The Australia First Movement was a fascist movement, founded in October 1941. It grew out of the Rationalist Association of New South Wales and the Victorian Socialist Party, and was led by former Rhodes scholar Percy Stephensen. Writers Xavier Herbert, Miles Franklin and Eleanor Dark were involved with the organisation, which was inspired by the activities of retired businessman, William John Miles, who had campaigned during the 1930s under the "Australia First" slogan.
Between 1936 and 1942, Miles published 16 volumes of a newsletter titled The Publicist, to which he contributed. He was a leading member of the Rationalist Association, and used The Publicist as his mouthpiece. Before 1939, it described itself as being "for national socialism" and "for Aryanism; against semitism". In January 1942, the ailing Miles transferred editorship of The Publicist to his co-author Stephensen, and had no involvement in the Australia First Movement, dying later that year.
The Australia First Movement has been characterised as anti-Semitic, anti-war and pro-isolationist, and advocated Australia's independence from the British Empire. It attracted the support of the Catholic weekly, The Advocate, as well as the Odinist Alexander Rud Mills. By 1938, those who were later associated with the Australia First Movement were advocating the establishment of a national socialist corporate state and a political alliance with the Axis powers of Germany, Italy and Japan. A number of members came from a far-left background: Stephensen, Pankhurst and Walsh were former Communists.
In March 1942, four members of the Australia First Movement in Perth, and sixteen in Sydney, were arrested, based on the suspicion that they would provide help to Japanese invaders. Two were convicted of conspiring to assist the enemy, and others were interned for the duration of the war. Adela Pankhurst, of the famous suffragette family, had visited Japan in 1939 and was arrested and interned in 1942 for her advocacy of peace with Japan. In his official history of Australian involvement in the Second World War, Paul Hasluck criticised those internments as the "grossest infringement of individual liberty made during the war".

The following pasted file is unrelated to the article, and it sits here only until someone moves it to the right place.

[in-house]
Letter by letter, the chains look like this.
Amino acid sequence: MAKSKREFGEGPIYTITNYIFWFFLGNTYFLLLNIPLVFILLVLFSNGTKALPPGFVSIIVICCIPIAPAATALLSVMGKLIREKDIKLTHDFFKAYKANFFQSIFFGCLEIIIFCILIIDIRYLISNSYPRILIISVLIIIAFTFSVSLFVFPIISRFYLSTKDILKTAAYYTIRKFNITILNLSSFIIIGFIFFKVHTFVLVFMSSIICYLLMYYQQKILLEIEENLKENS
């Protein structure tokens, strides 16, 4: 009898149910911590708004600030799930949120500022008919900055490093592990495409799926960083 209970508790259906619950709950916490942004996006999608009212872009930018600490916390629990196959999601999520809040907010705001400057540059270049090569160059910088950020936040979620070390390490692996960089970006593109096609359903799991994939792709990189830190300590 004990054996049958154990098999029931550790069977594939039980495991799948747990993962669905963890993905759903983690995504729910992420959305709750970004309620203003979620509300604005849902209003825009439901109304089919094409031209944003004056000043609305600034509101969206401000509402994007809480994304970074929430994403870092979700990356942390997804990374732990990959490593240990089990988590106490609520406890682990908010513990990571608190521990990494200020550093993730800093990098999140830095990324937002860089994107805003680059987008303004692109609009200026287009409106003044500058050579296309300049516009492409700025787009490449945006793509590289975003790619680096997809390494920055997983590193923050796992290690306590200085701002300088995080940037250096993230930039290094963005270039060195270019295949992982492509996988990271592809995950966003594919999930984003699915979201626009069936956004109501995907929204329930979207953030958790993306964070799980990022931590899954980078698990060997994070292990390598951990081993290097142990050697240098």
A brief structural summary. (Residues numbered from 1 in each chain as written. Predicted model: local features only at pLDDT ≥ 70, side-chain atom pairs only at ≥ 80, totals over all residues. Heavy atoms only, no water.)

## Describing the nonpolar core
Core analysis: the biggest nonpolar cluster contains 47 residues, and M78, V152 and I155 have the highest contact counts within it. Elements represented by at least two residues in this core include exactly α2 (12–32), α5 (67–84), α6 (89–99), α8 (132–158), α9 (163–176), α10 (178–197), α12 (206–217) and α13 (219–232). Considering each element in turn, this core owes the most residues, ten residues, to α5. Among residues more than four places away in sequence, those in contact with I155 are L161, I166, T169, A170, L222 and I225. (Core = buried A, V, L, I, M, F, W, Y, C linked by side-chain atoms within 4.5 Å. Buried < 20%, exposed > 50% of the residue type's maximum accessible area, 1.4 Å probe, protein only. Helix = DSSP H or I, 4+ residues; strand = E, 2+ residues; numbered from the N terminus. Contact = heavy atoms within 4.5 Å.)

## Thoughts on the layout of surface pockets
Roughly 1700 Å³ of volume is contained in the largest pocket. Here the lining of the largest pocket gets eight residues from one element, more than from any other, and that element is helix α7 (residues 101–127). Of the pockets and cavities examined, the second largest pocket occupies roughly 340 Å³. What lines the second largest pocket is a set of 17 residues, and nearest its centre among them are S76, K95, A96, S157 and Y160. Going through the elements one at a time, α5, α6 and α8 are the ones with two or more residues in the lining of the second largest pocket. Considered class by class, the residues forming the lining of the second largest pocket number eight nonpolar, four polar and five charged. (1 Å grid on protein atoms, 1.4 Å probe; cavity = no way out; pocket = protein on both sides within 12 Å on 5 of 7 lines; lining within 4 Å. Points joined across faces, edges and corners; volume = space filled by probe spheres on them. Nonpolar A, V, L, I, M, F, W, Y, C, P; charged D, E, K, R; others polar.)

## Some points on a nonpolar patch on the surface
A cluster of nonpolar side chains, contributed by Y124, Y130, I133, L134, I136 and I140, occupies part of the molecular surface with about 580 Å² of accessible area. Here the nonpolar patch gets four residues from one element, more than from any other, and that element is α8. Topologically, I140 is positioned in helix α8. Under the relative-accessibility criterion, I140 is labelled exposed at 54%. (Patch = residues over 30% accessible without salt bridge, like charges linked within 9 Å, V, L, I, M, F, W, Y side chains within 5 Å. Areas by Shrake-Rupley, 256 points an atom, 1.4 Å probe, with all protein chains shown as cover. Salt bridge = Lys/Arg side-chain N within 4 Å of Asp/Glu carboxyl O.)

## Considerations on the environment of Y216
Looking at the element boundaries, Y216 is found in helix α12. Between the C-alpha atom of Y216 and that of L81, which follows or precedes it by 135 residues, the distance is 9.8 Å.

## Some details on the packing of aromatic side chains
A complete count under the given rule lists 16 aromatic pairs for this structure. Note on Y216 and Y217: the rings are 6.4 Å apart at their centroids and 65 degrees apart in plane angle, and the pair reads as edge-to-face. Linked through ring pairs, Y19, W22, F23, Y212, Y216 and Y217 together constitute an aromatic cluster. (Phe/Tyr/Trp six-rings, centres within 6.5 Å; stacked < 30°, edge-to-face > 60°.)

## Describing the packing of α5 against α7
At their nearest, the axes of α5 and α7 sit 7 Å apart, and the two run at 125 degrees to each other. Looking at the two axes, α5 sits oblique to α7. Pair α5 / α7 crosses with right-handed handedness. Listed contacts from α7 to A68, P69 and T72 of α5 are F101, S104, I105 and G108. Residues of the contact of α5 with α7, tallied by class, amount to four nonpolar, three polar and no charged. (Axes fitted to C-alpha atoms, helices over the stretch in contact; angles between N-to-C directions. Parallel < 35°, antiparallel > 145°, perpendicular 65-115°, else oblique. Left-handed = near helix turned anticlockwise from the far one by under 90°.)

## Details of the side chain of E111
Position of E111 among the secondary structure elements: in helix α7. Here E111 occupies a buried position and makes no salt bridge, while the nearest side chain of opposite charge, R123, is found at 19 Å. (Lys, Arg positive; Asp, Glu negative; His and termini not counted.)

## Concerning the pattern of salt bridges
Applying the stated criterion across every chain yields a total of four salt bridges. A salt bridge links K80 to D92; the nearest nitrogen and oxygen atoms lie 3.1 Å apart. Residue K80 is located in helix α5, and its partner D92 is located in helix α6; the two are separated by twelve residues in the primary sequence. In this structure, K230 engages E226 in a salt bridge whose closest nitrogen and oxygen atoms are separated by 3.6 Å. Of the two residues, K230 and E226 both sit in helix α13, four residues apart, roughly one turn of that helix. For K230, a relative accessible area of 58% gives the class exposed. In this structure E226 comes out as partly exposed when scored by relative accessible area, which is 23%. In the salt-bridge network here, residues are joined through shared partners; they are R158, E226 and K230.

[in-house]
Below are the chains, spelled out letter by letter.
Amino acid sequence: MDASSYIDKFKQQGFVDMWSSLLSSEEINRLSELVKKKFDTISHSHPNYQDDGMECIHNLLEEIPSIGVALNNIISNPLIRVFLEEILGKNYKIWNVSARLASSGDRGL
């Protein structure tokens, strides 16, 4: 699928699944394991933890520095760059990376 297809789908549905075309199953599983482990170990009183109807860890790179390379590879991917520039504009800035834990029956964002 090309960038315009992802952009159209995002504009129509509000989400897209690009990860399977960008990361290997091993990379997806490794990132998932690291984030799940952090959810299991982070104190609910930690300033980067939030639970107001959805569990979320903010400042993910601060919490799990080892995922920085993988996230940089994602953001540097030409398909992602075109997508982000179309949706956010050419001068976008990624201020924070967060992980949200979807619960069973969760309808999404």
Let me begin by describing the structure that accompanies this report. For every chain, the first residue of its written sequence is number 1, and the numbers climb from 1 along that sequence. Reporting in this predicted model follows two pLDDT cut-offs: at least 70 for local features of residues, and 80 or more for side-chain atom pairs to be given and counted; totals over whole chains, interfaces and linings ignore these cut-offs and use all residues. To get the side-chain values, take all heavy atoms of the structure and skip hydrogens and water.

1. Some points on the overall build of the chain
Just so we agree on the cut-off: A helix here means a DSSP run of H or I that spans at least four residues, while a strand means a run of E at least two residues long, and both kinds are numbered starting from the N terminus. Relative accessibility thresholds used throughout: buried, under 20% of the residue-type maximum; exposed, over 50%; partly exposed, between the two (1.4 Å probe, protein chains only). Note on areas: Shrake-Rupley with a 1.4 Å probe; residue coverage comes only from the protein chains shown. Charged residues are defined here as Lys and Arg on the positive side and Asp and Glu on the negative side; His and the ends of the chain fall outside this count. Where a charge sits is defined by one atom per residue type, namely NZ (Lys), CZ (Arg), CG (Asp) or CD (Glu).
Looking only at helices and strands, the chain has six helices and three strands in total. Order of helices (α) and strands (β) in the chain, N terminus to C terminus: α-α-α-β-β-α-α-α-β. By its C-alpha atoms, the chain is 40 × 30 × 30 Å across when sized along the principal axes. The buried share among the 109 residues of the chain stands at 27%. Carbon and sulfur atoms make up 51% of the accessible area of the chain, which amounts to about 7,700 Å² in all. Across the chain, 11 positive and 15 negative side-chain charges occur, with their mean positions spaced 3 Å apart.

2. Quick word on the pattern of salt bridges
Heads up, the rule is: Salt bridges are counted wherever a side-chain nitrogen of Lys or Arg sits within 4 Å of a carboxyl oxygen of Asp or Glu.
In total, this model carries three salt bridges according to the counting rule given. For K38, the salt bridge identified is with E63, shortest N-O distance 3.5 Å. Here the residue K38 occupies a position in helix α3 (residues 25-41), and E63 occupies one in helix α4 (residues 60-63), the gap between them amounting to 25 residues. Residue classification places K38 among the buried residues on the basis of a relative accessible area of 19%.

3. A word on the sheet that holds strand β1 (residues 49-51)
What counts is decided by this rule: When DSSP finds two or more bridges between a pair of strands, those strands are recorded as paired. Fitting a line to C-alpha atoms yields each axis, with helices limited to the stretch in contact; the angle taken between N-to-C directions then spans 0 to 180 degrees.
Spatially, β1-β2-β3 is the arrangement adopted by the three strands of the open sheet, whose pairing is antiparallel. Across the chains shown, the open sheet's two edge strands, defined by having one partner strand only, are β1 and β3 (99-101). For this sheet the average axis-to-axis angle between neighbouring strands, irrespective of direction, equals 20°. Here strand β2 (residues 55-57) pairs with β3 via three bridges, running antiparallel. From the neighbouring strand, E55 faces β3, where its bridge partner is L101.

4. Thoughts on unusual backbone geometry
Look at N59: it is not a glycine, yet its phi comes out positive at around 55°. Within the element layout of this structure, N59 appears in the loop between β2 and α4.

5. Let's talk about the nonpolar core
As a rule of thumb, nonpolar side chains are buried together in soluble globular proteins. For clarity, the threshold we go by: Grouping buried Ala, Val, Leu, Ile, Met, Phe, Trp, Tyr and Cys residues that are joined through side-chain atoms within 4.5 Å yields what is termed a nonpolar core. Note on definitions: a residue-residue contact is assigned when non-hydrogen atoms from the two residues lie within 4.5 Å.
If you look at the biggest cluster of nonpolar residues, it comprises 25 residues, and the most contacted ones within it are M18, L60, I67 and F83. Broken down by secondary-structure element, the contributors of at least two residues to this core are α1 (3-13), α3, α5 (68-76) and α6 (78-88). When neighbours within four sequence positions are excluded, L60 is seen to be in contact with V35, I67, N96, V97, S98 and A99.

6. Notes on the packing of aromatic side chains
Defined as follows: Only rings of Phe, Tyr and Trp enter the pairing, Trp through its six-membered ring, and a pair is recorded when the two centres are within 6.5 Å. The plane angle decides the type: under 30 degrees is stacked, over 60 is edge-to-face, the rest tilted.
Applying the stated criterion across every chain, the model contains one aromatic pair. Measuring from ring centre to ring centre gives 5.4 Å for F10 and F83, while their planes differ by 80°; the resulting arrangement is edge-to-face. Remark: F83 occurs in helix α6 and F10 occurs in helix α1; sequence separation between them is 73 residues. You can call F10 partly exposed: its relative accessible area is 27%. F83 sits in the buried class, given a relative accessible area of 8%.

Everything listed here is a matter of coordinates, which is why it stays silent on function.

- Munro, Craig (1990). "Stephensen, Percy Reginald (1901–1965)". Australian Dictionary of Biography. Retrieved 16 March 2017.
- Australia First Movement – Fact sheet 28
- Muirden, p.106
- Cunneen, Chris. "Miles, William John (1871–1942)". Australian Dictionary of Biography. Australian National University. Retrieved 4 April 2020.
- Muirden, p.101
- "Australia First Movement". Trove. 20 June 1944. Retrieved 9 February 2015.
- Hogan, Susan (1990). "Pankhurst, Adela Constantia (1885–1961)". Australian Dictionary of Biography. Retrieved 16 March 2017.
- Horner, David (7 October 2014). The Spy Catchers: The Official History of ASIO, 1949–1963. Allen & Unwin. pp. 22–23. ISBN 9781743319666.
- Barbara Winter (January 2005). The Australia First Movement. Interactive Publications. ISBN 978-1-876819-91-0.
- Bruce Muirden (1968). The Puzzled Patriots: The Story of the Australia First Movement. Melbourne University Press.
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